background image

Native American Art Gallery Features Community Artists

Community Artist Royce Manuel explains how he weaves/braids traditional yucca and agave sandals during the Native American Art Gallery open house at the Talking Stick Visitor Center on November 9.

On November 9, an open house for the new Native American Art Gallery provided an opportunity for art lovers to meet four renowned Salt River Pima-Maricopa Indian Community artists and students, who also had their art on display. The gallery is located inside the Talking Stick Visitor Center located at the Pavilions Shopping Center at Talking Stick.

The Community artists featured were Royce Manuel, Jeffrey Fulwilder, Marshall Loring, Tim Rangel, and students from both Salt River High School (SRHS) and the Accelerated Learning Academy (ALA).

“To have my art up is to show more of me, and to have a little more exposure. I’m always drawing all the time, so it shows me more of an artist,” said student Solanna Harris.

“Art means, expressing how I feel in a certain way. It helps me to express myself,” said student Arianna Osif.

A self-portrait drawn with a ballpoint pen of Featured Community Artist Jeffery Fulwilder. Fifteen Salt River High School and ALA Students had their artwork featured at the Native American Art Gallery.
The art gallery includes pieces of all mediums; acrylics, pen and ink, chalk, pastel, ballpoint pen, clay, pottery, basketry, wood and more. The art gallery also includes; bows and arrows, a canteen, a burden basket, gourds, traditional O’odham and Piipaash outfits, traditional yucca/agave sandals and more.

Manuel, a well-known artist in the Community, had a demonstration table set-up for one of his biggest projects to date. He was weaving/braiding traditional yucca and agave sandals, which was utilized by those who wished to protect their feet from the burning desert sand.

“I try to re-educate people about who we are as a group and who we are as a survivalist group. I think it’s really important because everything we used to do had a purpose. Every plant had a meaning to it; it helped us in one way, it fed us in another, and it provided us a lot of materials to help us survive in this type of desert area,” said Manuel.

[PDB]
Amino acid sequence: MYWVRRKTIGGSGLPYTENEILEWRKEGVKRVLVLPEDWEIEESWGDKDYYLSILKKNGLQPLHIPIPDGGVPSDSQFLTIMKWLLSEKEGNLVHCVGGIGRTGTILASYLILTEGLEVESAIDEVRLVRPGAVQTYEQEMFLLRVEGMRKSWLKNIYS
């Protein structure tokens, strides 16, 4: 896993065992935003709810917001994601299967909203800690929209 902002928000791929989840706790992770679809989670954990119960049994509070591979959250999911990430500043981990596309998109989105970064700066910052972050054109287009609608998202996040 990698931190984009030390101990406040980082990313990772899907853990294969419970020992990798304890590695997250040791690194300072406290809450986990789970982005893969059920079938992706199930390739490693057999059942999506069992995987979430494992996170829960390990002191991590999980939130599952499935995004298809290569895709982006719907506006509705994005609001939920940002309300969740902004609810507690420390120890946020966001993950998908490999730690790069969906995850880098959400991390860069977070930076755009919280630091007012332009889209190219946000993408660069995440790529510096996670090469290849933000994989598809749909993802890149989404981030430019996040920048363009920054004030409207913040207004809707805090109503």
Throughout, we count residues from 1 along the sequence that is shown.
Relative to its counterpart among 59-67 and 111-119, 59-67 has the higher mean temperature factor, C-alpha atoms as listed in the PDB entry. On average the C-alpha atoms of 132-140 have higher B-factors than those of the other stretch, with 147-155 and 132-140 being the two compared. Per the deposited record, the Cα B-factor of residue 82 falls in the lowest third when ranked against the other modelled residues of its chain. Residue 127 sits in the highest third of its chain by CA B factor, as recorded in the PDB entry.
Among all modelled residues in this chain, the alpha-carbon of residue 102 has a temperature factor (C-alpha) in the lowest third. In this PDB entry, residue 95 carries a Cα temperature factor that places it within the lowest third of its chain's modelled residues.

Manuel also finds inspiration in the young artist whom he is featured with at the gallery. “When I see their creativity they have in the contemporary work, I believe they should never ever forget where we came from and what is provided for us by nature and custom,” said Manuel.

Salt River High School Junior Solana Harris stands next to her art work.
Loring, another Community artist, most recently decided to put his gourds on display. He was taught by Community artist Ron Carlos and now wishes to teach and inspire others.

“To be honest it’s an honor to have my gourds out here. I get to reach a lot of people, teach them a little about the Community and show off a little bit of talent,” said Loring. “If you have a talent, share it with someone.”

Other featured artists Fulwilder and Rangel also have unique pieces at the gallery. Fulwilder’s drawings are all done by ball point pen and also includes many hidden images in his work. One of his pieces includes an original self portrait from 1988.

For more information about the Native American Art Gallery at the Talking Stick Visitor Center, call (480) 362-2700.

Salt River High School (SRHS) & Accelerated
Learning Academy (ALA) Featured Artists:
Jordan Antone
Sierra Baca
Evangelena Burns
Miya Burns
Ava Chiago
Solana Harris
Alex Hopkins
Alexis Ibarra
Jenicia Mahle
Jessica Medina
Maurrica Nodman
Arianna Osif
Keanna Osif
Elvia Rose Ramirez
Jacob Silversmith Jr.